Symas OpenLDAP Knowledge Base

Create, Delete and Move Zipfiles and Directories

To add a directory

    MKDIR </directoryname> 

To add a directory with intermediate directories

    MKDIR </directoryname/sub-directoryname/sub-directoryname> 
    (Add -p to continue if directory already exists) 

To remove a directory that contains other files or directories with prompts use the following command

    rm -r <directoryname> 

To remove a directory that contains other files or directories without prompts use the following command

    rm -rf <directoryname> 

To remove an empty directory use the following command.

    rmdir <directoryname> 
      --ignore-fail-on-non-empty: Ignore any failure which occurs solely because a directory is non-empty. 
      -p: Each directory argument is treated as a pathname of which all components will be removed, if they are empty, starting  with the lastmost component. 
      -v, --verbose: Display verbose information for every directory processed. 
      --help: Display a help message, and exit. 
      --version: Output version information, and exit. 
    rmdir -p </directoryname/sub-directoryname> 
      removes subdirectory first and then directory 

Hidden Directories or Files (name preceded by .)


To Move files between directories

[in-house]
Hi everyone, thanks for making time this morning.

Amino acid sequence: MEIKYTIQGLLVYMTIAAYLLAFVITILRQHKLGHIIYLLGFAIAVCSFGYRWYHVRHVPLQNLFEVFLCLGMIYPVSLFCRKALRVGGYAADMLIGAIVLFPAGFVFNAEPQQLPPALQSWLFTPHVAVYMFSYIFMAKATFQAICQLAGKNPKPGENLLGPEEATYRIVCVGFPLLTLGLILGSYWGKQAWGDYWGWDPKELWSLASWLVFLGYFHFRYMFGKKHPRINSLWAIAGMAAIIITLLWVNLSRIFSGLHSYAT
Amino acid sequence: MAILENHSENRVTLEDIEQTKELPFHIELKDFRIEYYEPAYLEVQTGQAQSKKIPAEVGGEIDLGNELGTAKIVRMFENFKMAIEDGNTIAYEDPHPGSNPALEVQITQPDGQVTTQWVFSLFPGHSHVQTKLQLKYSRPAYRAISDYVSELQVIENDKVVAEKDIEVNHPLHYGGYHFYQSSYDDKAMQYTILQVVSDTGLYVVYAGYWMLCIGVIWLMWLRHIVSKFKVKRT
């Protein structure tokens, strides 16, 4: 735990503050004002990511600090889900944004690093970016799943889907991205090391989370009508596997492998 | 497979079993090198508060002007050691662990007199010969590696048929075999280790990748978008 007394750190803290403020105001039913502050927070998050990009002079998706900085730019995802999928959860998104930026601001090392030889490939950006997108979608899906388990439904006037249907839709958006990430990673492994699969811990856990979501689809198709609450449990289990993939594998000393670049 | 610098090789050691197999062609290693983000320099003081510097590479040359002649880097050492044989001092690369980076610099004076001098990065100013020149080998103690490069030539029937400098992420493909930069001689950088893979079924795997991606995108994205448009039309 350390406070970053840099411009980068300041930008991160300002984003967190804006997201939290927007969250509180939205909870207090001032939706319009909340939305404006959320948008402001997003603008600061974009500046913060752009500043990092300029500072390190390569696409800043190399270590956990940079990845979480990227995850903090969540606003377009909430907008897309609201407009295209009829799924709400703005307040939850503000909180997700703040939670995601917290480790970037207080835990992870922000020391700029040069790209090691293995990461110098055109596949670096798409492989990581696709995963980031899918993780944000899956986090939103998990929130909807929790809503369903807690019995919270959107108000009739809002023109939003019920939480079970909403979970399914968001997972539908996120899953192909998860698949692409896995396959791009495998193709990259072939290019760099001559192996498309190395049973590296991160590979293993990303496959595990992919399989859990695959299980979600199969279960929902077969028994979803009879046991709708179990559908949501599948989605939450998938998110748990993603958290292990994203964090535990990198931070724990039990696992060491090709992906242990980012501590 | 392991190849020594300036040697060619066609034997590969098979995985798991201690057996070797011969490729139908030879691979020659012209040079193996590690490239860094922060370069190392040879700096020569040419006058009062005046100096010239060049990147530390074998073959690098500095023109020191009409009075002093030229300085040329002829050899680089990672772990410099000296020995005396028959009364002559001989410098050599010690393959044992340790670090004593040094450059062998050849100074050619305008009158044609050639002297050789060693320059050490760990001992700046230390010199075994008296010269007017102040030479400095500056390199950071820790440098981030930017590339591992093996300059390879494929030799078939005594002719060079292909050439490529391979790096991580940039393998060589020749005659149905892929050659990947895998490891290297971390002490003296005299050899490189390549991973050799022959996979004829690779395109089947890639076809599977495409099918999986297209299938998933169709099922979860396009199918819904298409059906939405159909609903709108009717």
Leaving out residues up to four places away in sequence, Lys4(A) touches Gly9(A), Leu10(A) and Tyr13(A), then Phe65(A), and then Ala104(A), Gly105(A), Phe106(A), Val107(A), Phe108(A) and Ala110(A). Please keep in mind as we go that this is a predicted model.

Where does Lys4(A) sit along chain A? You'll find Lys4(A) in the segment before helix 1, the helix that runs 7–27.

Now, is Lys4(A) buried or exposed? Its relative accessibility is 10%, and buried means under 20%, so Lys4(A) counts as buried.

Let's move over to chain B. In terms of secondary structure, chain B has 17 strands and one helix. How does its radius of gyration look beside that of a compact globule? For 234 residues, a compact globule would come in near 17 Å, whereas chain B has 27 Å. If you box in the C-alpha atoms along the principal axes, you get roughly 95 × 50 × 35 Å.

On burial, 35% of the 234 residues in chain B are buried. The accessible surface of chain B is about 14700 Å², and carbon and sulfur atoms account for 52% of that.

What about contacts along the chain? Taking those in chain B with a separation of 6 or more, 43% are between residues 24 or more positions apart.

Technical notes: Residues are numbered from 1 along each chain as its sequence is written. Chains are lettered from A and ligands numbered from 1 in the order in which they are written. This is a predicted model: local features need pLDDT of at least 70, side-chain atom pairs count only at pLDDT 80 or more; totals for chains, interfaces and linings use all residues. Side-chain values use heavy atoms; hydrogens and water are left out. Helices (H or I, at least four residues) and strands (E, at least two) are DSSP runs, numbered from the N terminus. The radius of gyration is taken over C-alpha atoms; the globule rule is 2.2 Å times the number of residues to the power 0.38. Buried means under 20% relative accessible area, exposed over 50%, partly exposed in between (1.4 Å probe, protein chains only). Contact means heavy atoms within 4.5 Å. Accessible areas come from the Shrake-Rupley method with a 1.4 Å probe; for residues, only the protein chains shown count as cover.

sudo mv <directoryname including path if necessary>/filename <new directoryname including path if necessary>/filename 

To Copy files from remote server to local machine

    sudo scp remoteusername@host:/path/filename-to-be-copied /path/to/local/save-as/location 

To Copy files from local machine to remote server

    sudo scp /path/filename-to-be-copied remoteusername@host:/path/to/local/save-as/location 

To Delete files

    rm [-f|i|I|q|R|r|v] filename 
      rm removes a file if you specify a correct path for it and if you don't, then it displays an error message and move on to the next file. 
      Sometimes you may not have the write permissions for a file, in that case it asks you for confirmation. Type yes if you want to delete it. 
      -f - deletes read-only files immediately without any confirmation.If both -f and -i are used then the one which appears last in the terminal is used by rm. 
      -i - prompts for confirmation before deleting every file beforing entering a sub-directory if used with -R or -r. If both -f and -i are used then the one 
           which appears last in the terminal is used by rm. 
      -q - suppresses all the warning messages however error messages are still displayed. However the exit status is modified in case of any errors. 
      -R - means delete recursively and is used to delete the directory tree starting at the directory specified i.e. it deletes the specified directory 
           along with its sub-directory and files.